Since Don Draper’s advertising period, many things have changed, not the least of which is the ways we utilize to reach our target audiences. As for human behavior and copywriting that aims to affect it, the fundamentals haven’t changed much.
If you don’t put David Ogilvy or Gary Halbert in your list of business books, the ghosts from gurus past, present, and future arrive and begin arguing about who has read The Boron Letters the most times, according to folklore. As a real guy copywriter, I’m not willing to take that risk, so here are the old school classics I’m legally required to provide.
Ogilvy on Advertising by David Ogilvy
The name David Ogilvy will make you sound knowledgeable in a client meeting, cigar lounge, Facebook live roundtable, or multi-level marketing sales party. As far as shady get-rich-quick schemes go, there is no greater name than that of The Father of Advertising to market them. This is for a good purpose. His stuff was up to snuff. He developed an agency empire unlike any other in the world’s history. As a bonus, he’s wearing a smart suit, an elegant lung cancer accessory, and neatly styled hair on the cover. To write advertising that sells, Ogilvy goes over everything from market research to positioning to how to write text that grabs a reader’s attention and keeps them reading to the very end. It’s packed with useful advice and inspiring examples. Read it now.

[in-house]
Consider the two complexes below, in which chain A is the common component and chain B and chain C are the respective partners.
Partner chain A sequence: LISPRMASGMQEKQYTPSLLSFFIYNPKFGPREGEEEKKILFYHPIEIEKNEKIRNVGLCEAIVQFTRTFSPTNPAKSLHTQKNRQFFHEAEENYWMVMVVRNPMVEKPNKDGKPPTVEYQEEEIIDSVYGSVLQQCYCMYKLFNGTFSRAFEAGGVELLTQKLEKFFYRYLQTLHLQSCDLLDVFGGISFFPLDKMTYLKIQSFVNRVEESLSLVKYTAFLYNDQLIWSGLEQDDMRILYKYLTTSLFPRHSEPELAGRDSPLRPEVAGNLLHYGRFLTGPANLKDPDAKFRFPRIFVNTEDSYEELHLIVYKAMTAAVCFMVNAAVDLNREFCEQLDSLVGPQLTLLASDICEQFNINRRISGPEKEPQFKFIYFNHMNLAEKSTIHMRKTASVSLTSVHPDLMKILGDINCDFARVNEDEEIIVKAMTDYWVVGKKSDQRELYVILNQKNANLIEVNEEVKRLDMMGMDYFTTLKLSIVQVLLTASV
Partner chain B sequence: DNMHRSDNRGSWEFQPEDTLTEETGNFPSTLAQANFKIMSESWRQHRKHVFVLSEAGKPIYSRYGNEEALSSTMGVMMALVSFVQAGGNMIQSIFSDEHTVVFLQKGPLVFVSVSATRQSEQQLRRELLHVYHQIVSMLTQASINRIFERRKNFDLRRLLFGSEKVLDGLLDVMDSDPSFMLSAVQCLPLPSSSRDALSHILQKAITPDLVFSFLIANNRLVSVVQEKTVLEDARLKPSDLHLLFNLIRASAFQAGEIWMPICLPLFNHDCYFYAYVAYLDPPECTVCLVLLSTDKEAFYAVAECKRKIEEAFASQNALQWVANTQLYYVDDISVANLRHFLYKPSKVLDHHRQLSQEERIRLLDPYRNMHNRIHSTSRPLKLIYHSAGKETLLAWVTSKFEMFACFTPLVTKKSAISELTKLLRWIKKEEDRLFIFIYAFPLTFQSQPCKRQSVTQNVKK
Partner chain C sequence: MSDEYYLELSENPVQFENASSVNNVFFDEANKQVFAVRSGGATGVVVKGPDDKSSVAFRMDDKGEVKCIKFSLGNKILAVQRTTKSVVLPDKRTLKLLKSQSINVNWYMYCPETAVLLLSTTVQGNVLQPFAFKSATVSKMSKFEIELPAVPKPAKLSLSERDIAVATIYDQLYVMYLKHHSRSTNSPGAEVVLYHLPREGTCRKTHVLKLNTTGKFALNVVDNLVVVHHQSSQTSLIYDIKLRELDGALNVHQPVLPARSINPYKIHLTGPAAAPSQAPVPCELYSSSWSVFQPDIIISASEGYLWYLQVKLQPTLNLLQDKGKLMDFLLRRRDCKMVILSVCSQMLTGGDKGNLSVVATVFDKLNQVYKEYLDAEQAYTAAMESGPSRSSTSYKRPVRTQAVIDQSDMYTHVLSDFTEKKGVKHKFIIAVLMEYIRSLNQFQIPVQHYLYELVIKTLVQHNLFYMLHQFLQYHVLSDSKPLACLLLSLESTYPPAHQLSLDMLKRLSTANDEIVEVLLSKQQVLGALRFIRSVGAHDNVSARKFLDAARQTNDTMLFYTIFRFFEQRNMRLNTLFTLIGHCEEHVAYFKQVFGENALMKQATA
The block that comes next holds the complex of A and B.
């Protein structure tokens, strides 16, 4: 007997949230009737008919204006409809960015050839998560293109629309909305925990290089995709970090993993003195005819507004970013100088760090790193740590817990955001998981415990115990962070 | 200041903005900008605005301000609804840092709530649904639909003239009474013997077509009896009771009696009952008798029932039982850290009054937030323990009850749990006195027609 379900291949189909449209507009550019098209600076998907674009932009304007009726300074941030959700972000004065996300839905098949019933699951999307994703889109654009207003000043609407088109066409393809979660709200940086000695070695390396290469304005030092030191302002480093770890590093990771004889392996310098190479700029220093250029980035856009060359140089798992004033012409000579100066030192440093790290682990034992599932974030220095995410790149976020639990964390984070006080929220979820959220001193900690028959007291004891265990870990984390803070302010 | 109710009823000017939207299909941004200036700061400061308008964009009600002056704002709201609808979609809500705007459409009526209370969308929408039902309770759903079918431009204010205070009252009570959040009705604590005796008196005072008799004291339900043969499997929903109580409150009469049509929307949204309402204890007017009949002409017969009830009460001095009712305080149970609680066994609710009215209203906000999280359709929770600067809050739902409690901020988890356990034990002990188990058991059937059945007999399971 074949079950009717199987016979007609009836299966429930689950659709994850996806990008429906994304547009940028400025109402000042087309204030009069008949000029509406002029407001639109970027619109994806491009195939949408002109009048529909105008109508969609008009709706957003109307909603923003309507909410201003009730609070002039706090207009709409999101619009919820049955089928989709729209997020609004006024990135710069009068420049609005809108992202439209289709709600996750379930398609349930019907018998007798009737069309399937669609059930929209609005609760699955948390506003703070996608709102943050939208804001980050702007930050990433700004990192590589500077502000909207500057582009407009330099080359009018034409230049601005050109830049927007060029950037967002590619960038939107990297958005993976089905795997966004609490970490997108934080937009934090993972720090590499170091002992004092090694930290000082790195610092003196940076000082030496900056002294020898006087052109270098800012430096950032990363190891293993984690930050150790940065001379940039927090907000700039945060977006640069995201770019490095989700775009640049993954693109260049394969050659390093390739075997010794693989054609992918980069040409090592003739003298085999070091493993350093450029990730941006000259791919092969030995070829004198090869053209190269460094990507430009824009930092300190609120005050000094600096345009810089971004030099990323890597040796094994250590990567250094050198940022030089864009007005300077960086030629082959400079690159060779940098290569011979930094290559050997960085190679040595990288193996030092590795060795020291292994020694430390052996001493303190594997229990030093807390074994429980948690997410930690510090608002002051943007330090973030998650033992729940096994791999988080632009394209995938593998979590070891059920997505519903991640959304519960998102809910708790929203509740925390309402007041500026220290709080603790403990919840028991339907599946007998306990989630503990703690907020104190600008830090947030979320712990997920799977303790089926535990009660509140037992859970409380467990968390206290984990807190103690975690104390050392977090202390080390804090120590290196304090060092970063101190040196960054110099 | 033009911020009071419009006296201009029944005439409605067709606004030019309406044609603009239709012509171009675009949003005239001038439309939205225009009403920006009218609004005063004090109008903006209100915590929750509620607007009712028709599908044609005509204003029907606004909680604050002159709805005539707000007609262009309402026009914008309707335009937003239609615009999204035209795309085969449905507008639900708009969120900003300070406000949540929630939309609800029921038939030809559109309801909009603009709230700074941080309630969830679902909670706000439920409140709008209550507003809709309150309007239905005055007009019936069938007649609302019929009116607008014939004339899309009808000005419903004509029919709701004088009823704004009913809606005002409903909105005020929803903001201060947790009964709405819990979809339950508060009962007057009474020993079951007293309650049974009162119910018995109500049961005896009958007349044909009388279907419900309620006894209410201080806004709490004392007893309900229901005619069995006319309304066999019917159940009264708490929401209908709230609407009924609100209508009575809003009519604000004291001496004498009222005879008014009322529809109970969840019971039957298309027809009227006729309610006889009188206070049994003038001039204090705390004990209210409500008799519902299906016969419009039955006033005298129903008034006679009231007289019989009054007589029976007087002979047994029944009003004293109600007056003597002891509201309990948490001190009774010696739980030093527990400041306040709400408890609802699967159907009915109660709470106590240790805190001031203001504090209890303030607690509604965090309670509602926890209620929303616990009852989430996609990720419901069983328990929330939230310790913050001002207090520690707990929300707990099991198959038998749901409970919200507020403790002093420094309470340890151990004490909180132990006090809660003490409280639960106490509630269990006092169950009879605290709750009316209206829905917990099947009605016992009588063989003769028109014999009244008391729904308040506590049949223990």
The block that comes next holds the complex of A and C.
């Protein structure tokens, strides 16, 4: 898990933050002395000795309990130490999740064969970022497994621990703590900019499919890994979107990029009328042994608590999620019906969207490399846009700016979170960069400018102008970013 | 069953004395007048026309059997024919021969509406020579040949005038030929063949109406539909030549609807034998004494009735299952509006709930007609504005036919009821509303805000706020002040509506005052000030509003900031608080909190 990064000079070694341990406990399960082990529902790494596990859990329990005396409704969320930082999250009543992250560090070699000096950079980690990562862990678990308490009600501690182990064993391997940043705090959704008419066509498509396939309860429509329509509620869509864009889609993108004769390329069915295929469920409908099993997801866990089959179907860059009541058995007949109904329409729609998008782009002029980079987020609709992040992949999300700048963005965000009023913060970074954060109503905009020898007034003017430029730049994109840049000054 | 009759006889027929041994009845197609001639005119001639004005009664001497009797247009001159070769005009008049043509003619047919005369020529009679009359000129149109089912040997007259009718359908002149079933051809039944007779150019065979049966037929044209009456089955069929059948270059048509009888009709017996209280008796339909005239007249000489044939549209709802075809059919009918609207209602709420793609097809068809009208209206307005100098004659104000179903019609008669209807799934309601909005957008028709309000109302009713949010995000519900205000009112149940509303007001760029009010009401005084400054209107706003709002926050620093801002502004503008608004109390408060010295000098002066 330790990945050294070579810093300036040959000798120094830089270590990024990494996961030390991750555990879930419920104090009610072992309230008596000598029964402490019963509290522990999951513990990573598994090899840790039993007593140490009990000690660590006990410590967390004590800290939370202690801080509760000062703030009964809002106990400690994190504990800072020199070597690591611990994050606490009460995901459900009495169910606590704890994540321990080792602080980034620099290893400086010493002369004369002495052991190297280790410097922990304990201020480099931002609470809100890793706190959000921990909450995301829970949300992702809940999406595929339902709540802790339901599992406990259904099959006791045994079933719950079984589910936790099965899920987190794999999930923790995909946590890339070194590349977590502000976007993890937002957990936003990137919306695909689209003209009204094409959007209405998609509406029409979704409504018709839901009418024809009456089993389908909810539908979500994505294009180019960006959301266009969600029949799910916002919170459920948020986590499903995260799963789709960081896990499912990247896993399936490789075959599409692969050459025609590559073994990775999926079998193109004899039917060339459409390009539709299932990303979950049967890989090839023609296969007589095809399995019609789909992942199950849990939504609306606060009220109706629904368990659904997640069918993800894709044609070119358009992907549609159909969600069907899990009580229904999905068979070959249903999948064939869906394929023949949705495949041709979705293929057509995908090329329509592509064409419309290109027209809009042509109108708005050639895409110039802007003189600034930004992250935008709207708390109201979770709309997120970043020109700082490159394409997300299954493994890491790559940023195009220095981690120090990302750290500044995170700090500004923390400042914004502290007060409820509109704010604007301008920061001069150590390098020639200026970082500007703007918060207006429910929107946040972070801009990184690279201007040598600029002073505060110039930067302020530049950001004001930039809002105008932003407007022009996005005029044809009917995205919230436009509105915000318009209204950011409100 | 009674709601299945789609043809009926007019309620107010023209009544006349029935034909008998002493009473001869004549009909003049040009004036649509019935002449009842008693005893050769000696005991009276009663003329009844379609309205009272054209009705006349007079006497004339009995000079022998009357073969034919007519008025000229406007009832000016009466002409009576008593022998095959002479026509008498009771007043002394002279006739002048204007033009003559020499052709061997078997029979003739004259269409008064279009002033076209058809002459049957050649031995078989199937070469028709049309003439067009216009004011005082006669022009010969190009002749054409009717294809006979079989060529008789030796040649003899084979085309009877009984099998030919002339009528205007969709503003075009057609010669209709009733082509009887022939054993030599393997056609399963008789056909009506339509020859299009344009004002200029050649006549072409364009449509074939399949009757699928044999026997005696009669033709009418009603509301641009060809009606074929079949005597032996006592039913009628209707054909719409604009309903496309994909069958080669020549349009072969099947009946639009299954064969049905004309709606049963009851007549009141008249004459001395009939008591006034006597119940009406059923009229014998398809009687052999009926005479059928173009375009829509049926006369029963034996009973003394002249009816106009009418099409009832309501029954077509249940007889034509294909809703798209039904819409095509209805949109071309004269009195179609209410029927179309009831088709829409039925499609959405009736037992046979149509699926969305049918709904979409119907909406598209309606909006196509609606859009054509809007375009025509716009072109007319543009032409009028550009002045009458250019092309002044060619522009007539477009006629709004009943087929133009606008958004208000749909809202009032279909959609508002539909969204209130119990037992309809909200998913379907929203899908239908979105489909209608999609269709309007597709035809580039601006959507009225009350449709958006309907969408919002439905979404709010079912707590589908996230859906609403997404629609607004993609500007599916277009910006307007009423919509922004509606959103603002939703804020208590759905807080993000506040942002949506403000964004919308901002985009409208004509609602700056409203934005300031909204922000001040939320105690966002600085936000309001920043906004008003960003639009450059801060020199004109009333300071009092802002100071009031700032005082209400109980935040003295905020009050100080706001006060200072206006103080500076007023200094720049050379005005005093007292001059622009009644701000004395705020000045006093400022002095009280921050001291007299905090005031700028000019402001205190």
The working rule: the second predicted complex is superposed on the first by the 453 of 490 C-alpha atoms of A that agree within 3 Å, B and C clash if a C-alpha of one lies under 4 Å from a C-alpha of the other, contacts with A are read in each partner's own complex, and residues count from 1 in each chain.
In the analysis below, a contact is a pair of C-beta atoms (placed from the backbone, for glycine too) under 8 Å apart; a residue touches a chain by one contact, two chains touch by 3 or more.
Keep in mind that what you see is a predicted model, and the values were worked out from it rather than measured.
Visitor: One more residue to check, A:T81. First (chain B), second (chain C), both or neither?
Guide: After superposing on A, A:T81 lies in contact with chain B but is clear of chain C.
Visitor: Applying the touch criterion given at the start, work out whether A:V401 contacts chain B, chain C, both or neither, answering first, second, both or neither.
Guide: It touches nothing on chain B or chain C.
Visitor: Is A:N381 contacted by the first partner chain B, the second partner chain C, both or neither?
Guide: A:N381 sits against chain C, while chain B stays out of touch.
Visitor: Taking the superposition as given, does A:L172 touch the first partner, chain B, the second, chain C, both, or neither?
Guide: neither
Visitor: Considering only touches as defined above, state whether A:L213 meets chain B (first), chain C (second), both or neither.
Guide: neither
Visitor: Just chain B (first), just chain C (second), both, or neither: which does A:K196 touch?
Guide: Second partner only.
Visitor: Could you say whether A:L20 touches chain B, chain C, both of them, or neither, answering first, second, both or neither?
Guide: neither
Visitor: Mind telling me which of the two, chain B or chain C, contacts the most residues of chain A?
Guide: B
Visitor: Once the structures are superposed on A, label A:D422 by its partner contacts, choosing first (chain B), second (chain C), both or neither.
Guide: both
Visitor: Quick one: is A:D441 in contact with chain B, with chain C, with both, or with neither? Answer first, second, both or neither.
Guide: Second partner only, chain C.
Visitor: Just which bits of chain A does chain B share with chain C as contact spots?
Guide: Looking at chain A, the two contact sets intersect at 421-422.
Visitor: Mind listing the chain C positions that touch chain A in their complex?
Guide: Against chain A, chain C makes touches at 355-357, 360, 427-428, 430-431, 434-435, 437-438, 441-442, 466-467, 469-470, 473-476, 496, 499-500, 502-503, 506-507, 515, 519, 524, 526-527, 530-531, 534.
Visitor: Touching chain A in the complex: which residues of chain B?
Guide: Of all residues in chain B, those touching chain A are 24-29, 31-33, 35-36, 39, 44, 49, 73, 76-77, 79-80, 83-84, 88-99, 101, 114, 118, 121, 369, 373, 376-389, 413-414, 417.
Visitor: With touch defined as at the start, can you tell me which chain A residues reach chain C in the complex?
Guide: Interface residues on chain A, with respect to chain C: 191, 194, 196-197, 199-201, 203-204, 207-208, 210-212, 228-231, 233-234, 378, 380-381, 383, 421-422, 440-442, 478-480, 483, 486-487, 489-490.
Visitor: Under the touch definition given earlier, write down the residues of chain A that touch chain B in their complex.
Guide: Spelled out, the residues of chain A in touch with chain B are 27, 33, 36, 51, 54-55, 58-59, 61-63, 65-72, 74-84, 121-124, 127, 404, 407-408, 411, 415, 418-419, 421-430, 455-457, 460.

Many of the commercials in the book have been tried and tested and found to be effective, but there are also many that are not. If you’re looking for a 200-page ad swiping file, this is it! If you’re interested in a career in marketing or copywriting, this book is for you. Monty Rainey, a customer on Amazon, says this:
Hey Whipple, Squeeze This by Luke Sullivan
If you didn’t catch the gist of the joke right away, give it a second thought. Award-winning writer Luke Sullivan has worked for Miller Lite and Time Magazine for the past three decades. All of that information is condensed into a how-to manual for creating ads, along with strategies and real-world examples of successful (and unsuccessful) campaigns. Anyone who wants to learn both copywriting and how to land a job should check out this classic. Be sure to get the fifth edition, which includes updates from Edward Boche, to assist bridge the gap between digital, social, and conventional media applications.